Can we convince the powers that be and the towns’ voters to sacrifice some conveniences and change the status quo? Can we make a difference in our environment by acting locally against this contaminant?
Their observations from everyday life led to a project (i.e. ban single use plastics), which led to learning about policy-making, which led to a process of creating policy, and every step of the way led them through new discoveries, understandings, re-interpretations of their reality. Along the way the students met obstacles, worked each problem, responded to emerging events, and stayed focused on their goal.
Borrowing from the conventional formatting of a qualitative research study, in this report the authors recount the students’ experiences as they worked toward their objective, and we layer on the social constructs of meaning and perspective through “hindsight” reflections on the experience. This narrative is our reflection looking back on the journey, and trying to make sense of it in terms of the learnings the group took away, the meanings they attributed to them, and the relevance of these students’ experience in the larger world of youth environmental activism.
Section 1 provides an overview of the problem and extent of plastic marine debris. Section 2 describes the student group’s “research objective,” or rather their action goal. In section 3 we provide background information about the school, the environmental club, and the processes used by local government to create laws. In section 4 we describe the students’ methods and processes, and how these contributed to their learning. Section 5 discusses the lessons learned during the 2-year project, and section 6 lays out some ethical dilemmas the adult coaches encountered, with a section devoted to the ethical challenges a scientist faces at the interface where objective communication of scientific data meets personal belief in public activism. Section 7 summarizes the conclusions these reflections have led us to form, and situates the students’ project in the larger movement of youth environmentalism.
In the time since the students’ project, the United Nations Environment Programme has published much information about these issues, including an appeal to schools and youth to “help turn the tide on plastic pollution,” and a “Roadmap to Sustainability” concerning single use plastics [3, 4] These materials were not available to the club at the time they were carrying out their project, but will be cited throughout the discussion for retrospective interpretation.
The Lincoln-Sudbury high school environmental Club
In Boston, Massachusetts’ western suburbs, the two towns of Lincoln and Sudbury have a unified high school of about 1500 students. Extracurricular clubs meet outside of school hours with at least one faculty advisor, and students in these clubs are encouraged to determine, plan, and carry out their own agendas. The club’s eight members, all female (the one male who started with the project was called to other commitments), ranged from 9th–12th grades, ages 14 to 18. As of this writing, only one is still a minor. Most club members identified as caucasian, one as of Latin American parentage, and one of mixed south Asian/American parentage. During the years of the project, all had parental releases for every public appearance and news story written about them. Co-author Lucy Bergeron, the only student identified in this paper, is 19 at the time of this writing. It is worth noting that the students were not subjects in a study, but rather activists taking part in local civic life, and Lucy describes her own perspective here as a co-author. (Italicized sections labeled Student Perspective.)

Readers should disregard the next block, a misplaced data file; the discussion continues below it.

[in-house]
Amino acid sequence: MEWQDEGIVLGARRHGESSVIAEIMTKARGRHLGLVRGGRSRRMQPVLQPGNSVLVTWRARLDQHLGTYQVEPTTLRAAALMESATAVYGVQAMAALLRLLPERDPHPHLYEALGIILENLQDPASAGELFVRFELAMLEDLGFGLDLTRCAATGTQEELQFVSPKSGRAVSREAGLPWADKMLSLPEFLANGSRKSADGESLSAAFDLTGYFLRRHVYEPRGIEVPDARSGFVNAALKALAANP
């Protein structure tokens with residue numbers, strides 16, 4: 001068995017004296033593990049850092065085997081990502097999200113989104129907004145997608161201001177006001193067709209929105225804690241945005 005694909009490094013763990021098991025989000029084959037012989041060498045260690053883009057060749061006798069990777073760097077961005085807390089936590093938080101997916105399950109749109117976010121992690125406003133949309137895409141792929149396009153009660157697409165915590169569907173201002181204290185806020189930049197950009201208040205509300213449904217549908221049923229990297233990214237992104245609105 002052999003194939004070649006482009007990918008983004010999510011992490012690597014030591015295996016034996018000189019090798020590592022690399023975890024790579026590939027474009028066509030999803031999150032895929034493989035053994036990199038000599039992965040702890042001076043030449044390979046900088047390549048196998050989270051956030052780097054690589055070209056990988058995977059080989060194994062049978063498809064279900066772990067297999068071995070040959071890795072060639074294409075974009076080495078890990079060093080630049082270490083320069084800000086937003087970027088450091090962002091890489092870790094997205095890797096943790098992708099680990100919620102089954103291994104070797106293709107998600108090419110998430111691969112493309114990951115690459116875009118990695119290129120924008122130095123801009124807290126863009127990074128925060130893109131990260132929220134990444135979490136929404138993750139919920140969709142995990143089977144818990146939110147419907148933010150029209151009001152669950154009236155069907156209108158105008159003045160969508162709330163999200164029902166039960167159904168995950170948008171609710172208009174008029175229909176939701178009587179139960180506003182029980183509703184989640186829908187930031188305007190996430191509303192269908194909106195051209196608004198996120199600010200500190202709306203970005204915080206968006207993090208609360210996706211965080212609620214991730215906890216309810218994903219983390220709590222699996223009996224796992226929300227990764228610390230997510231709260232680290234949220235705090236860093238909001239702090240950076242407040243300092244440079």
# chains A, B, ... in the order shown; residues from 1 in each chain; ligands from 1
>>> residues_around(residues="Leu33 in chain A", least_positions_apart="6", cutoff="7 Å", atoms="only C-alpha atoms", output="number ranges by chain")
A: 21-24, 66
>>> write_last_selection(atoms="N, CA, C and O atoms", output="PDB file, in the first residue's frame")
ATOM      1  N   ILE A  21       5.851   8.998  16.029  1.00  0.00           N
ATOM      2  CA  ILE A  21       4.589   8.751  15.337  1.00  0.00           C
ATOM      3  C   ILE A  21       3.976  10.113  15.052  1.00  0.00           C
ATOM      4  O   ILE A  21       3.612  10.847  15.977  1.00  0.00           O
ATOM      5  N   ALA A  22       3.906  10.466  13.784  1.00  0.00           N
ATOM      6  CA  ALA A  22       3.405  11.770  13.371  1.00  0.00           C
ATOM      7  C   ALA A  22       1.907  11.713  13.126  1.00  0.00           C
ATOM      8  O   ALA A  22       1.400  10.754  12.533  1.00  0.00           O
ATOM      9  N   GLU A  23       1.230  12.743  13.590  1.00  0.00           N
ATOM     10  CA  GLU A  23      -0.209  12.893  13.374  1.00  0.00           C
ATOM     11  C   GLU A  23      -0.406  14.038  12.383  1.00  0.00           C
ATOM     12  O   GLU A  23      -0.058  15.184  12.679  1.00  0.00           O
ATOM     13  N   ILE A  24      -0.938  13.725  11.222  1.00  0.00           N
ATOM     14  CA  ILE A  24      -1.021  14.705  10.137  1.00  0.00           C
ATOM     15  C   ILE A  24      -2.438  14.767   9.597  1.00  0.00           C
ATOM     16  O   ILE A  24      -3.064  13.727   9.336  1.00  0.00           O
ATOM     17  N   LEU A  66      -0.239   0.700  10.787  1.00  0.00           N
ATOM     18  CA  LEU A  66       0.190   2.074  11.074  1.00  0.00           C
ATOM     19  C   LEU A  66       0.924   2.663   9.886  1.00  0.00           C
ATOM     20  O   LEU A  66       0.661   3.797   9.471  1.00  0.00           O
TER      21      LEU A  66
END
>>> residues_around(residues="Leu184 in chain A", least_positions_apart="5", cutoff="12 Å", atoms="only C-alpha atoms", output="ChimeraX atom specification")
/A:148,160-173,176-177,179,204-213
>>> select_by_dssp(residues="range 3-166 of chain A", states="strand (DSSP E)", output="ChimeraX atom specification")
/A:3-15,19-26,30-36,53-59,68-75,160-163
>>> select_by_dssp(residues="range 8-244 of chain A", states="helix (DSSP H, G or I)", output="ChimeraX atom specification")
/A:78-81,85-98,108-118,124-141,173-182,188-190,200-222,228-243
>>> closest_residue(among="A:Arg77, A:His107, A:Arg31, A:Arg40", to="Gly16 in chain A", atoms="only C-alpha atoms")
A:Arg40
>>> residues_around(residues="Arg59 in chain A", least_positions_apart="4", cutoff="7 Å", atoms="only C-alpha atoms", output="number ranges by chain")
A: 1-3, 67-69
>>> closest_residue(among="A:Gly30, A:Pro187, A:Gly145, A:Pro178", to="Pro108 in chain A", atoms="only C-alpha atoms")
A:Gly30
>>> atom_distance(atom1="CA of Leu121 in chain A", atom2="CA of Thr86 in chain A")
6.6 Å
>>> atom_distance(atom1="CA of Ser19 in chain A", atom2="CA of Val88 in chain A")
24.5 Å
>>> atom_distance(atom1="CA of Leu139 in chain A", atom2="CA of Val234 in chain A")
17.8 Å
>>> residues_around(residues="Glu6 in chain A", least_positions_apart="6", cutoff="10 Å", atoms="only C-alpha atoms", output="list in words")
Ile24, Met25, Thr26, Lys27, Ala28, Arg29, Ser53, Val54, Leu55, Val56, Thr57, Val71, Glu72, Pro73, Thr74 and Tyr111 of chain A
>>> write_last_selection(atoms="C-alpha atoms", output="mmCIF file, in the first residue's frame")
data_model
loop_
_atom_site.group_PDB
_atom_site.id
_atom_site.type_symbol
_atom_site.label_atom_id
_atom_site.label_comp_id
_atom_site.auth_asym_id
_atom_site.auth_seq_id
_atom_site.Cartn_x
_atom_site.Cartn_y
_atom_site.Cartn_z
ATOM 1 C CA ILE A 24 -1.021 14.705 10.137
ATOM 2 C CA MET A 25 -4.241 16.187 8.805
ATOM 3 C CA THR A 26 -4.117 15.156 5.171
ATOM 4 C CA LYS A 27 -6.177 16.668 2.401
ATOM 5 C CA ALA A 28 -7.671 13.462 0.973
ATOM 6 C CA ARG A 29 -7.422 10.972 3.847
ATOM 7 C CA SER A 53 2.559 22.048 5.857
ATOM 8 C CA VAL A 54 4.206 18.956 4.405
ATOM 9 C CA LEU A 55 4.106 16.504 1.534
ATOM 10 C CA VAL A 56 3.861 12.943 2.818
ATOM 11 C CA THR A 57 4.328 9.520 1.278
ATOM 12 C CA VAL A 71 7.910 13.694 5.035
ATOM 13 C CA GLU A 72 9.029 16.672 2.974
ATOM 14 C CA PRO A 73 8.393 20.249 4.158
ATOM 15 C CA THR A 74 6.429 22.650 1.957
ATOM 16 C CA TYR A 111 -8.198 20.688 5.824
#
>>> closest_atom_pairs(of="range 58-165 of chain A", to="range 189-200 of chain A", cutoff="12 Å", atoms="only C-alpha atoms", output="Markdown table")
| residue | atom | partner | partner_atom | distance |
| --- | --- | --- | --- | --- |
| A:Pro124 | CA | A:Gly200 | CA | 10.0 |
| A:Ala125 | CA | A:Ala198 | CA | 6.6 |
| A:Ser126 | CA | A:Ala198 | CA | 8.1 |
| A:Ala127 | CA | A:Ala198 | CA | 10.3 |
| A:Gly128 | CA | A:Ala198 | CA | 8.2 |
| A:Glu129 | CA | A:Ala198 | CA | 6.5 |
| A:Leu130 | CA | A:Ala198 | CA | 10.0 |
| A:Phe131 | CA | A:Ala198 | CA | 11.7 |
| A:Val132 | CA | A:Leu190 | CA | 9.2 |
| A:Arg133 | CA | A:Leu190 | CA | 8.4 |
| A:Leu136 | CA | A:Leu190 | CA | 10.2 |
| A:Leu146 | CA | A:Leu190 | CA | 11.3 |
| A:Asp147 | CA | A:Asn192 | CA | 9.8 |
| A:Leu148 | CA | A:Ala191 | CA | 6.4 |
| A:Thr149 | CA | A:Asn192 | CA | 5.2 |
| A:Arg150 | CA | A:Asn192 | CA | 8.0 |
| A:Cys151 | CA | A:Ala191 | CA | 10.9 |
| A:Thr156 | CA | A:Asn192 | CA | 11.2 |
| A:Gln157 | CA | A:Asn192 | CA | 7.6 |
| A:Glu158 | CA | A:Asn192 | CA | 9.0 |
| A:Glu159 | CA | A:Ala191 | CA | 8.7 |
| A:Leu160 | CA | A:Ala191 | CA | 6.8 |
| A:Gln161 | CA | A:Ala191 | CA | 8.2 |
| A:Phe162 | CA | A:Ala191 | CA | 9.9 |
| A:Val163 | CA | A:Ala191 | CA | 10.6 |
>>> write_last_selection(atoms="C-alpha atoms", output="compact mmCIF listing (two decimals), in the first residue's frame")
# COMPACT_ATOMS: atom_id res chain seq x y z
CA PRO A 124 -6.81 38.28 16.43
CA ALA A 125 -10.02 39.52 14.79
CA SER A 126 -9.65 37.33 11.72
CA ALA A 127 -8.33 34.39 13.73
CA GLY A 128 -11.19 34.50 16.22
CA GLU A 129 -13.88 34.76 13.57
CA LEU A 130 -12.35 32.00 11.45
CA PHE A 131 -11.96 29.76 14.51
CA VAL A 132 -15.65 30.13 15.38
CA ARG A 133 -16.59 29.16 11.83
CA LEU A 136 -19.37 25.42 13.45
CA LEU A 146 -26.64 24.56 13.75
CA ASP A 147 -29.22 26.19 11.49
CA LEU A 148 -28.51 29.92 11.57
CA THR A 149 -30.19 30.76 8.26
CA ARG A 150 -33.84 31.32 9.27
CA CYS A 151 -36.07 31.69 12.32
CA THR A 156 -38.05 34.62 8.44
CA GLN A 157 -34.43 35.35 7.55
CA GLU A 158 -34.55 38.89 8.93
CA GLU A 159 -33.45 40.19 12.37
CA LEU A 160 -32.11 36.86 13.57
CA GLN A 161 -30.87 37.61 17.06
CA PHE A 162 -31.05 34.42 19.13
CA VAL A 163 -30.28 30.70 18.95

In October 2016, the club’s faculty advisors, co-authors Collins and Burke, invited co-author Dr. Kara Lavender Law, Research Professor of Oceanography at Sea Education Association (SEA) in Woods Hole, Massachusetts, to describe to the eight-member club her research findings about plastic marine debris. Dr. Law’s talk raised the students’ awareness about plastic debris detected worldwide in all major marine habitats, and concerns about risks to marine wildlife . Photos of the impacts on wildlife motivated several members of the group, while others were moved by the story of an octogenarian woman in neighboring Concord, who managed to get the state’s first municipal plastic bottle ban passed after two unsuccessful tries and a repeal battle. (See Dr. Law’s slide presentation to the club, Additional file 1, appended to this paper.)
When I came to the first Environmental Club meeting in September of my junior year, I didn’t know what to expect, or if I’d be coming back. I had spent my first two years of high school focused on academics, and while that was important, I figured I could benefit from extracurricular involvement at school. This led to my drifting from club to club, seeing what caught my attention, and stopping by when it happened to fit my schedule. I thought that was largely how the rest of my experience with clubs would be.
At that first meeting we looked at some work the club had done in recent years, such as a trash audit, and then brainstormed ideas for the coming year. As we filled the classroom whiteboard with ideas, it occurred to me that this club might have some potential. Dr. Law visited us soon afterward and shocked us with her presentation detailing the state of our oceans, particularly with photos of the so-called Great Pacific Garbage patch and the realities of microplastics. After having recently seen the results of the club’s past trash audit, which showed our school’s waste stream to be rife with plastic bottles, we felt responsible for the ‘plastic soup’ our oceans are undeniably becoming.